ALASKA: Both Republicans and a caucus of Democrats and independents in the state House are short of the 21 votes they need to create a majority. Lawmakers will begin meeting in Juneau next week; they hope to avoid a repeat of 2019 and 2021, when the House couldn’t agree on a leader for more than a month. (Alaska Beacon)

NEW MEXICO: The state Supreme Court will hear arguments today in a Republican challenge to state congressional district lines approved by legislative Democrats. The court will decide whether it has the authority to decide claims of partisan gerrymandering. (Santa Fe New Mexican)

CALIFORNIA: SEIU Local 1000 directors voted to remove union president Richard Louis Brown from office after an investigation into alleged misuse of power. Brown won office in 2021 pledging to end political spending and cutting union dues in half. (Sacramento Bee) The SEIU chapter, which represents about 100,000 public employees, is a major player in California politics.

OHIO: State Republicans formally censured 22 Republican lawmakers who joined Democrats to elect Speaker Jason Stephens (R) over state Rep. Derek Merrin (R), who had won a majority among GOP lawmakers. Hamilton County Republican Party chairman Alex Triantafilou won election to head the state GOP. (Columbus Dispatch)

ARIZONA: Former state Supreme Court Chief Justice Ruth McGregor will lead an independent inquiry into printer problems on Election Day in Maricopa County. County supervisors retained McGregor, who started work on Friday at the elections center in Phoenix. (Arizona Republic) Gov. Katie Hobbs (D) created a bipartisan panel to study proposed elections reforms. (Arizona Capitol Times)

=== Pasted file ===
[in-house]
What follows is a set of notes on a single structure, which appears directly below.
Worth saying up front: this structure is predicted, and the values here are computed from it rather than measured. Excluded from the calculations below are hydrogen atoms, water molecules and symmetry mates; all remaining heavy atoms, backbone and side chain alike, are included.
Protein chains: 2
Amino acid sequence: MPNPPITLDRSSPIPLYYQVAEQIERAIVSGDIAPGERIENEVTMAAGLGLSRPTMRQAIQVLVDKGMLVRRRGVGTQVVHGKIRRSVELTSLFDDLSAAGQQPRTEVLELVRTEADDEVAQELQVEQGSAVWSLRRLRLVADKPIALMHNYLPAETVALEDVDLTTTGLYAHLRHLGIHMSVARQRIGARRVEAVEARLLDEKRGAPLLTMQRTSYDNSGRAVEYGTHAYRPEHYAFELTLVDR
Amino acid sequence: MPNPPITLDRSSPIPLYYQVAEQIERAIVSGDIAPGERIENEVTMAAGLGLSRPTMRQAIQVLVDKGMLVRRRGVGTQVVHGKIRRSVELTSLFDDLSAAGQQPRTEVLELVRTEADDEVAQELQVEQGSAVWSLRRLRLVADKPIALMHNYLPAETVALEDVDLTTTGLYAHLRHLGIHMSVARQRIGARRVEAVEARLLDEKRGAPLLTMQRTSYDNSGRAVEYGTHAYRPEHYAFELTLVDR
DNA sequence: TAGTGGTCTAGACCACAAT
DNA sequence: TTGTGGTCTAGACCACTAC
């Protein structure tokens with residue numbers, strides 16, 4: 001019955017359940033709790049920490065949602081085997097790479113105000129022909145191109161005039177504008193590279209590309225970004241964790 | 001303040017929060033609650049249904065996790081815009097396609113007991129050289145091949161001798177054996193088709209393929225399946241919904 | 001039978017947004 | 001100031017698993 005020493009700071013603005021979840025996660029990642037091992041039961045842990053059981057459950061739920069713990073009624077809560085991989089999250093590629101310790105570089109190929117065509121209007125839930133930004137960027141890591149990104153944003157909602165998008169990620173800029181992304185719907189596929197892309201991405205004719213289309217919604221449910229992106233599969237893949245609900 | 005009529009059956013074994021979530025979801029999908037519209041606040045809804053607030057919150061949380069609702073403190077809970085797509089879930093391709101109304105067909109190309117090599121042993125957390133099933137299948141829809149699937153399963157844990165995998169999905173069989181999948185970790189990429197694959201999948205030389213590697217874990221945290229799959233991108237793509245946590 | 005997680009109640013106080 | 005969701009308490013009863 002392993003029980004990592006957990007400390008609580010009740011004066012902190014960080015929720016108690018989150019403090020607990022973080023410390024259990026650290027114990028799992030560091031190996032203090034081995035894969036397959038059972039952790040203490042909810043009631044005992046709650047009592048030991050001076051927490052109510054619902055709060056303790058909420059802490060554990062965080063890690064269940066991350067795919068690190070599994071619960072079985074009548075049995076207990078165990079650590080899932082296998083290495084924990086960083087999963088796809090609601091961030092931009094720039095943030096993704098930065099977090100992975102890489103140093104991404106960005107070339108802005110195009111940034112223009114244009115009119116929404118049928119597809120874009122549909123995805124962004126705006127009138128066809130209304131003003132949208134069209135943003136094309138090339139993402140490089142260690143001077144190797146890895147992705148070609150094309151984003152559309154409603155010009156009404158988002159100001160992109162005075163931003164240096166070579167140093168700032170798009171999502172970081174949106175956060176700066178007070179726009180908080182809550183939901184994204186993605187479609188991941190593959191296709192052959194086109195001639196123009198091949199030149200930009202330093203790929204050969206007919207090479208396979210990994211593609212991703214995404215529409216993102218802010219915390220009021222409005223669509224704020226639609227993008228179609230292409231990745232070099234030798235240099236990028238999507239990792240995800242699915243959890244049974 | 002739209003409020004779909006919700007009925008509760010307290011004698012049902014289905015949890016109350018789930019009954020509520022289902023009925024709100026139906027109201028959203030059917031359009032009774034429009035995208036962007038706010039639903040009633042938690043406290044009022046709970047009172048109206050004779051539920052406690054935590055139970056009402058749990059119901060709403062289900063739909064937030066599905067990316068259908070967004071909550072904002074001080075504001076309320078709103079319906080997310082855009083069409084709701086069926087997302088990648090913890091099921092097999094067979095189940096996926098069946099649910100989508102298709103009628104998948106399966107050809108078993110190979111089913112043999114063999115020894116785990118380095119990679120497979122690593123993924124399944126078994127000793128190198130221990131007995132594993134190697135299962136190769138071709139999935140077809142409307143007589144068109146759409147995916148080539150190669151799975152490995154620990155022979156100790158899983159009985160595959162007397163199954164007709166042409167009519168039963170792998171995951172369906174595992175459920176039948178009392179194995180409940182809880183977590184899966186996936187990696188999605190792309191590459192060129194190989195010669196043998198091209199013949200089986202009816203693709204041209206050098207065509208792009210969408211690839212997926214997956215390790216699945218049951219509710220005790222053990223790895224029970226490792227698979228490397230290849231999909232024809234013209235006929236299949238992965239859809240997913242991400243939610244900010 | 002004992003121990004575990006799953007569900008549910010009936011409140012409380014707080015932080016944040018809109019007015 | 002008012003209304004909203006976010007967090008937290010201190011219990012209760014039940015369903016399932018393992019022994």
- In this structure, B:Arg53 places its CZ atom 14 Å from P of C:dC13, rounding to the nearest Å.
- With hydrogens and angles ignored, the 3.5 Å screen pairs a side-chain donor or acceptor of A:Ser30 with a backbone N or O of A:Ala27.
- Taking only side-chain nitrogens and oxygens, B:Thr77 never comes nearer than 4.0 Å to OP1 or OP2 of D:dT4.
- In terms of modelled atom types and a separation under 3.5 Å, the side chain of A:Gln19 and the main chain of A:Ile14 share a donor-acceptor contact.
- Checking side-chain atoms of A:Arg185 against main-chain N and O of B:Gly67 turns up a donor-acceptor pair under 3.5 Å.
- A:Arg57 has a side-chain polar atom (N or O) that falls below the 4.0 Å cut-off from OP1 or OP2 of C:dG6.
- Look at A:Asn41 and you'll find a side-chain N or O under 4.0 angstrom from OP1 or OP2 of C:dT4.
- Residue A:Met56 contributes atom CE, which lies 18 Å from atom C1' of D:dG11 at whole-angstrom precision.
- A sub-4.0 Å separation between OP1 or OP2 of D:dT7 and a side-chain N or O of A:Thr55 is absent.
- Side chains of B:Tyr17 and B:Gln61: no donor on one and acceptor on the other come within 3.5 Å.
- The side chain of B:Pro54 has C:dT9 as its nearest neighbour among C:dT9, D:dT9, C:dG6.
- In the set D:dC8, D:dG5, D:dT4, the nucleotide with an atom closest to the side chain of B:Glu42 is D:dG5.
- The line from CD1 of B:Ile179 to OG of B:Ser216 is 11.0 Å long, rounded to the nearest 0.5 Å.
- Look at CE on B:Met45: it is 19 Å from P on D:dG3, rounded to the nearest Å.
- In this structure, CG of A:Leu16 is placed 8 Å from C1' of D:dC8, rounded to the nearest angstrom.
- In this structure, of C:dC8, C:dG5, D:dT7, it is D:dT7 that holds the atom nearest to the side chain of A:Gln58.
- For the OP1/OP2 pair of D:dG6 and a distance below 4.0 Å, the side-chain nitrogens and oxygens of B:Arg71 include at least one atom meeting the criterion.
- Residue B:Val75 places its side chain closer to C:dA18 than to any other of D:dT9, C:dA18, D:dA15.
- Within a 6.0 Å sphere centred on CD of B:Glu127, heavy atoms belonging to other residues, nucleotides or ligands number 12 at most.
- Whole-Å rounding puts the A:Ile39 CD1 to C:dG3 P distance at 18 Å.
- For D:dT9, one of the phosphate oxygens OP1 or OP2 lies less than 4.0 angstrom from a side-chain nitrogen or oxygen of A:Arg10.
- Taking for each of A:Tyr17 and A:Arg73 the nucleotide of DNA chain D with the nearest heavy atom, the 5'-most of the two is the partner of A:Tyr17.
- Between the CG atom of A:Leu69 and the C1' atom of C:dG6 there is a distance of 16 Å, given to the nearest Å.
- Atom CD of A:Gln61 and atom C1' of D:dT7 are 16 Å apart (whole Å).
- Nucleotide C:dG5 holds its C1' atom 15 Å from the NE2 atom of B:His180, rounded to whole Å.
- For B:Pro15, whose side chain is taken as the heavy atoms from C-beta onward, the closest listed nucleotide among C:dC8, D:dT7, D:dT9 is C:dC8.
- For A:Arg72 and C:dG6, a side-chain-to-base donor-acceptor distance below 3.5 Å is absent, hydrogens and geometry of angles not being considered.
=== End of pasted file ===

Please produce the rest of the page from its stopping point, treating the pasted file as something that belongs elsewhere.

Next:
SOCIAL MEDIA: Seattle Public Schools has filed a federal lawsuit against TikTok, Instagram, Facebook, YouTube and Snapchat alleging the social media giants have created a public nuisance by targeting products at children. (Associated Press) Wisconsin Gov. Tony Evers (D) and Alaska Gov. Mike Dunleavy said they would issue executive orders banning TikTok from state-issued devices. (Milwaukee Journal Sentinel, Anchorage Daily News)

By The Numbers

$7.37: The average retail price for a dozen large eggs in California, up from $2.35 a year ago, according to USDA data. The price spike comes from an unprecedented bird flu outbreak that has killed tens of millions of chickens nationwide. (Los Angeles Times)

17%: The pay increase Illinois state legislators approved for themselves for new terms that begin this week. Under the bill headed to Gov. J.B. Pritzker (D), rank-and-file lawmakers would earn $85,000 a year, up from $72,906. The pay hike passed on party-line votes. (Chicago Tribune)

94%: The increase in sales of recreational pot in Maine in 2022 over 2021. Adult-use retailers sold $158.9 million in pot products last year. (Portland Press Herald)

Off The Wall

Wisconsin state Reps. Ryan Clancy (D) and Darrin Madison (D) have revived the Socialist Caucus for the first time in 90 years. The freshman Democrats both hail from Milwaukee, the city that sent the first Socialist to Congress in 1910. (Associated Press)

Two handguns belonging to Colorado state Rep.-elect Ron Weinberg (R) were stolen overnight last week from a pickup truck he left parked at the state capitol building in Denver. Weinberg said the guns were unloaded and secured with trigger locks. (Colorado Sun)

Quote of the Day

“You get a lot more done in life, and certainly in government, if you’re amenable to other people’s positions, their viewpoints. And I don’t think there’s anything wrong with having a laugh while you’re working.”

Georgia state Rep. Jon Burns (R), who is set to become House Speaker in an organizing session today. (Associated Press)